When The Next Best Thing Isn’t Really The Next Best Thing31 Jul
There are dangers for both, sellers and inexperienced agents when there are is a lack of comp support to determine a home’s value.
Kurt came to us in 2013 hoping to sell his 2 story home on a half acre lot in Sweetwater Ranch Estates. His home lacked upgrades but the biggest challenges came from having zero comps within $200K and the owner was basing his homes value on price per square foot. Kurt’s neighborhood offered homes his size and larger but also on large lots. Single stories were going between $700-800K and smaller homes on smaller lots selling in the low $500K.
Lack of comp support leads many sellers and inexperienced agents to use inaccurate comps by comparing the subject property to the next best thing, to the next best thing, to the next best thing and so on.
To generate comps, the best strategy is to compare 4 homes with the 8 perimeters:
- quality of construction,
- number of stories,
- level of upgrades,
- number of bathrooms,
- number of bedrooms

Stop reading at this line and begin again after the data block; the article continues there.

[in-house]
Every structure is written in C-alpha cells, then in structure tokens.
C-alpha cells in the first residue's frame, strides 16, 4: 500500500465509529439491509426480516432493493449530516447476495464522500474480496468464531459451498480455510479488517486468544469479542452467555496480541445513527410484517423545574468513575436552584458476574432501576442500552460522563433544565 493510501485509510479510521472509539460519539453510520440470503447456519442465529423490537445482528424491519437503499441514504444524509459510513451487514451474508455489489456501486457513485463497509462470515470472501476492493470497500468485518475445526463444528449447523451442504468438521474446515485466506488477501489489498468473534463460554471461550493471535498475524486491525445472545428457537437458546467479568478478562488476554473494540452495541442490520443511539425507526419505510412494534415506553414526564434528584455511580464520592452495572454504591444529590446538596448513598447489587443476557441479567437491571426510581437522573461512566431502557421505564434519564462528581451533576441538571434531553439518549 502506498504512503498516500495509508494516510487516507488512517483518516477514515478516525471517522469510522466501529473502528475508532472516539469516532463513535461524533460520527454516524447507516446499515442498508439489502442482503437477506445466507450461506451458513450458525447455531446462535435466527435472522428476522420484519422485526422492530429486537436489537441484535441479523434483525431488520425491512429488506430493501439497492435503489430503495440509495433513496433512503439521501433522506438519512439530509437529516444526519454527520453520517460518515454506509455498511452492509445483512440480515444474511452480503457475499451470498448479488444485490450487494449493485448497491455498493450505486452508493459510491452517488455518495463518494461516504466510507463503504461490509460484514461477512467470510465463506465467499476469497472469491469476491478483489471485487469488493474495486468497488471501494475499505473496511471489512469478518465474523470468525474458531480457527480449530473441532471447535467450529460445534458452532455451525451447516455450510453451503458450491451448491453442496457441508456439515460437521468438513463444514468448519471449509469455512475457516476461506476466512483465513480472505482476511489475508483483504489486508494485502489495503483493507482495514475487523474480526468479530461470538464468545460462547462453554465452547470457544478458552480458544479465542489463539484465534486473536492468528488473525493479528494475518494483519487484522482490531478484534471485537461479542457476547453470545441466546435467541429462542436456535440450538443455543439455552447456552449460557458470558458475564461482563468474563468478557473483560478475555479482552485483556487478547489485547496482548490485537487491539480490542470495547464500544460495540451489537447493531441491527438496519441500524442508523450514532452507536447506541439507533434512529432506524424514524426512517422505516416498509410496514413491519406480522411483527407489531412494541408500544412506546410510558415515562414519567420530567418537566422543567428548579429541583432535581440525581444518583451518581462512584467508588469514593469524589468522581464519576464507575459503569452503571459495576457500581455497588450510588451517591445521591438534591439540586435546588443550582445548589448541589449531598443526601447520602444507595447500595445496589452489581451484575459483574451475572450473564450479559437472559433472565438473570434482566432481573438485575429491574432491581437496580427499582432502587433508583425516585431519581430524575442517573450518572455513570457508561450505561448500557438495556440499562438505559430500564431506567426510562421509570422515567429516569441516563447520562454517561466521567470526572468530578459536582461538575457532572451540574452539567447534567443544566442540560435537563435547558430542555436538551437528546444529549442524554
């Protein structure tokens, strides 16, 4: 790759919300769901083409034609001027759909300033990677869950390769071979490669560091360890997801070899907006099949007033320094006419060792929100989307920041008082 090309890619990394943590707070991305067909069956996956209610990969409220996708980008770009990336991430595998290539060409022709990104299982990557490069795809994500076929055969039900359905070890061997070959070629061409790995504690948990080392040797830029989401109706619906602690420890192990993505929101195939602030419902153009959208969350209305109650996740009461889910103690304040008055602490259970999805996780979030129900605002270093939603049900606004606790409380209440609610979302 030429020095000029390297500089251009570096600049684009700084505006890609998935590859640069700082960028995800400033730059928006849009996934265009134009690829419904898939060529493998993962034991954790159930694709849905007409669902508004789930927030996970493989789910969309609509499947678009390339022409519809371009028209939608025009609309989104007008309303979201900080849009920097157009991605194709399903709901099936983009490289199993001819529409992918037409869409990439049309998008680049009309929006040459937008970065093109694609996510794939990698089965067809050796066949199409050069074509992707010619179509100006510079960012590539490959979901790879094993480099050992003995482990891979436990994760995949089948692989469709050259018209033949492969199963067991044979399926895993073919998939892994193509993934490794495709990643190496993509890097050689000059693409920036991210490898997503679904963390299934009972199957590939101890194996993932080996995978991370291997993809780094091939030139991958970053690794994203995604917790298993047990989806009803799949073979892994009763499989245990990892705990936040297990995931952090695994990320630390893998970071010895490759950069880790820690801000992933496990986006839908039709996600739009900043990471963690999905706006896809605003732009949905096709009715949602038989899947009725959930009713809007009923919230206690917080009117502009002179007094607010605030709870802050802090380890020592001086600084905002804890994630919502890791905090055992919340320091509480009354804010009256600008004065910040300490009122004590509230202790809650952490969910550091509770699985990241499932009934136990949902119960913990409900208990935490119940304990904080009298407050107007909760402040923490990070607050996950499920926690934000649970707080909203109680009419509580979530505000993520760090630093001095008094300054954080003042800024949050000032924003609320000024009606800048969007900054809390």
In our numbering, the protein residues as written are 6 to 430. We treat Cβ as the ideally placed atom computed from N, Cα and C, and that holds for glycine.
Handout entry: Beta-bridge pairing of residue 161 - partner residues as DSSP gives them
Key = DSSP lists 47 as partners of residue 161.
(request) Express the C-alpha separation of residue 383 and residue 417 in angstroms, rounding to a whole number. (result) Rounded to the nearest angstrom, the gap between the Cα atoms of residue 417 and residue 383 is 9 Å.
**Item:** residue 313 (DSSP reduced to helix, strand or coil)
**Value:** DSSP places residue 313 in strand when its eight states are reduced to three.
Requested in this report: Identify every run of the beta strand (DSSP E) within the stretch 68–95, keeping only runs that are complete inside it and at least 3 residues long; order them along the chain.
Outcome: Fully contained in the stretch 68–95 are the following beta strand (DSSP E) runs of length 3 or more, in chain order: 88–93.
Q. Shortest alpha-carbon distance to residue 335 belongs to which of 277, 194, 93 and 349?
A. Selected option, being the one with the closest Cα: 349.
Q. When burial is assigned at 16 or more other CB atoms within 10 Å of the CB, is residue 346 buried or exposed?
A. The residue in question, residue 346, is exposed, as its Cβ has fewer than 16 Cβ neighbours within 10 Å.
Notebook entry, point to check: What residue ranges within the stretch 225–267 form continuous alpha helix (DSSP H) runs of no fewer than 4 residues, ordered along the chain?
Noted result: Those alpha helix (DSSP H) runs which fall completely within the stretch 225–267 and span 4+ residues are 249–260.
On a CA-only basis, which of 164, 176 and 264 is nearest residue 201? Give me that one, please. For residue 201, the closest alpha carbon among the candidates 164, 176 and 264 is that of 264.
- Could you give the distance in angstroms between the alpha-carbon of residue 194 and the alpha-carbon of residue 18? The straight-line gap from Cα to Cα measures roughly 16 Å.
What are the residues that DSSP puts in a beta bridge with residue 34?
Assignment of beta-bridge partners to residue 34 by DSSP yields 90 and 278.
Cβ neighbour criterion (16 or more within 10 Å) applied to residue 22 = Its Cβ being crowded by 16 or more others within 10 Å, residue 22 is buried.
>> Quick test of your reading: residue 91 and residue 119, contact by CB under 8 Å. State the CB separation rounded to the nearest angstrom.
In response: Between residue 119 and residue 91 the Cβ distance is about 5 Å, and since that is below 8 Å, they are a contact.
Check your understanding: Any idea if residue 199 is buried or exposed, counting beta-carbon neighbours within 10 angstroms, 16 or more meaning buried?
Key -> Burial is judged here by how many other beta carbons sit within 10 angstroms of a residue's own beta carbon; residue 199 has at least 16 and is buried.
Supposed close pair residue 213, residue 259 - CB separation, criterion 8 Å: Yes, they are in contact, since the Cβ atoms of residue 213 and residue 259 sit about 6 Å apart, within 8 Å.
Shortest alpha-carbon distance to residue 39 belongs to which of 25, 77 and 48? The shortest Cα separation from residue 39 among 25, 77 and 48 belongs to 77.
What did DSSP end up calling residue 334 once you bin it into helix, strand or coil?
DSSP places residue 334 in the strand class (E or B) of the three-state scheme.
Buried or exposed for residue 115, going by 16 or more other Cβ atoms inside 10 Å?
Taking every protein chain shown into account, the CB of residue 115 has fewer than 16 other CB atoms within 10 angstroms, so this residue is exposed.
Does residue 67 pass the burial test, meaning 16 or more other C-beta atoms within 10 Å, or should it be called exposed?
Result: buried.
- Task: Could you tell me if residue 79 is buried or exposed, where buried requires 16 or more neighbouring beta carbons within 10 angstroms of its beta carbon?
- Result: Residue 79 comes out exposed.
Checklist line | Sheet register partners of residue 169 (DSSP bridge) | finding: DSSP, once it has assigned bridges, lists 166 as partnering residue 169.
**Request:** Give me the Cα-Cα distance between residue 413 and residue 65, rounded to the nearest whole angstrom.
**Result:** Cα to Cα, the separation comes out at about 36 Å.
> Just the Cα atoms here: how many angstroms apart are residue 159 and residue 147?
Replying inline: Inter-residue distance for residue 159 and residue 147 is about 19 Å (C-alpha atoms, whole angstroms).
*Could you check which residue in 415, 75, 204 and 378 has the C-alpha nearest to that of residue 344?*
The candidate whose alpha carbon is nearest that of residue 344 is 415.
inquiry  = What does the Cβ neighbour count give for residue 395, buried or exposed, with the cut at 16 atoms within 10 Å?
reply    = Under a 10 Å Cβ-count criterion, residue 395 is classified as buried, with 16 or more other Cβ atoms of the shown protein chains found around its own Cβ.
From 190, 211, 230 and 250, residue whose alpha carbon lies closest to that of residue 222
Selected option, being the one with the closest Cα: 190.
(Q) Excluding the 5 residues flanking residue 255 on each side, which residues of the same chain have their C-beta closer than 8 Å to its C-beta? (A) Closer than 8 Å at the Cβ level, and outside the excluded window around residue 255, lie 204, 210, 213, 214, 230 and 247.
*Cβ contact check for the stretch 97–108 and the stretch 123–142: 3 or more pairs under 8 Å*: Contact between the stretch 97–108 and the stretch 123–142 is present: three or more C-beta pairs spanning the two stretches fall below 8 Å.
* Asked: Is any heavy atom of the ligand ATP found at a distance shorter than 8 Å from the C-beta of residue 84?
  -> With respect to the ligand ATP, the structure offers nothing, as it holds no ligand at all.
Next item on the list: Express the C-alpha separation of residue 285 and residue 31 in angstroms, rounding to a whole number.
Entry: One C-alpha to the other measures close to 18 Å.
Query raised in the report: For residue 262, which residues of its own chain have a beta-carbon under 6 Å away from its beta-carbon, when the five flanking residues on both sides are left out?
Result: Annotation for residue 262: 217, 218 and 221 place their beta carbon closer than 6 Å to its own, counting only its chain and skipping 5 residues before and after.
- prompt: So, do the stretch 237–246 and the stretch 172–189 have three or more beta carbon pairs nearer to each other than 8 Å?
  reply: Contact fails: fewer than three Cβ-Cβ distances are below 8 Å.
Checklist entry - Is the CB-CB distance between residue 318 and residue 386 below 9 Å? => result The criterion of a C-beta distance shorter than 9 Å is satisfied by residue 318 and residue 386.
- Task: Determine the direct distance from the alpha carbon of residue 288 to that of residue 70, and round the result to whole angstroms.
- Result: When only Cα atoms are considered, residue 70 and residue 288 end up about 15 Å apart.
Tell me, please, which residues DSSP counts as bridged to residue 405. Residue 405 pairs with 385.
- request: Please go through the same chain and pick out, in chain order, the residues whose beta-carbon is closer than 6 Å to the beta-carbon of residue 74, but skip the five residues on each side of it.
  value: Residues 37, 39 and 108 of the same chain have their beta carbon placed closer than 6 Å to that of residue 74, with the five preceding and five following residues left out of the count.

- size of garage
- pool – if available
To justify his desired value, Kurt was using a larger 1 level home on an acre horse property lot including equipment which is very valuable in Scottsdale. He was going down the next best thing to the next best thing path. Kurt was also under the assumption that having one of the bigger homes in the neighborhood would result in a higher price tag. Unfortunately, price per square foot pricing strategy is wrong, especially when single story homes sell for more than 2 story homes.
Focusing on areas of the home that will yield the highest return on investment
To help get closer to the seller’s list price, Jeff knew $100K would need to be invested but the Kurt’s budget allowed between $50-60K for upgrades or renovation. Knowing we need to be smart about the upgrades, we focused on areas of the home that would yield the highest return on investment. When it came time to list the home, Jeff recommend $635K but Kurt wanted to list at $700K. Ultimately, the home was listed at at $700K in July and after 7 price reductions it went under contract by fall. While the listing was on the market, the selling season change and the market turned. The home ended up selling for $625K.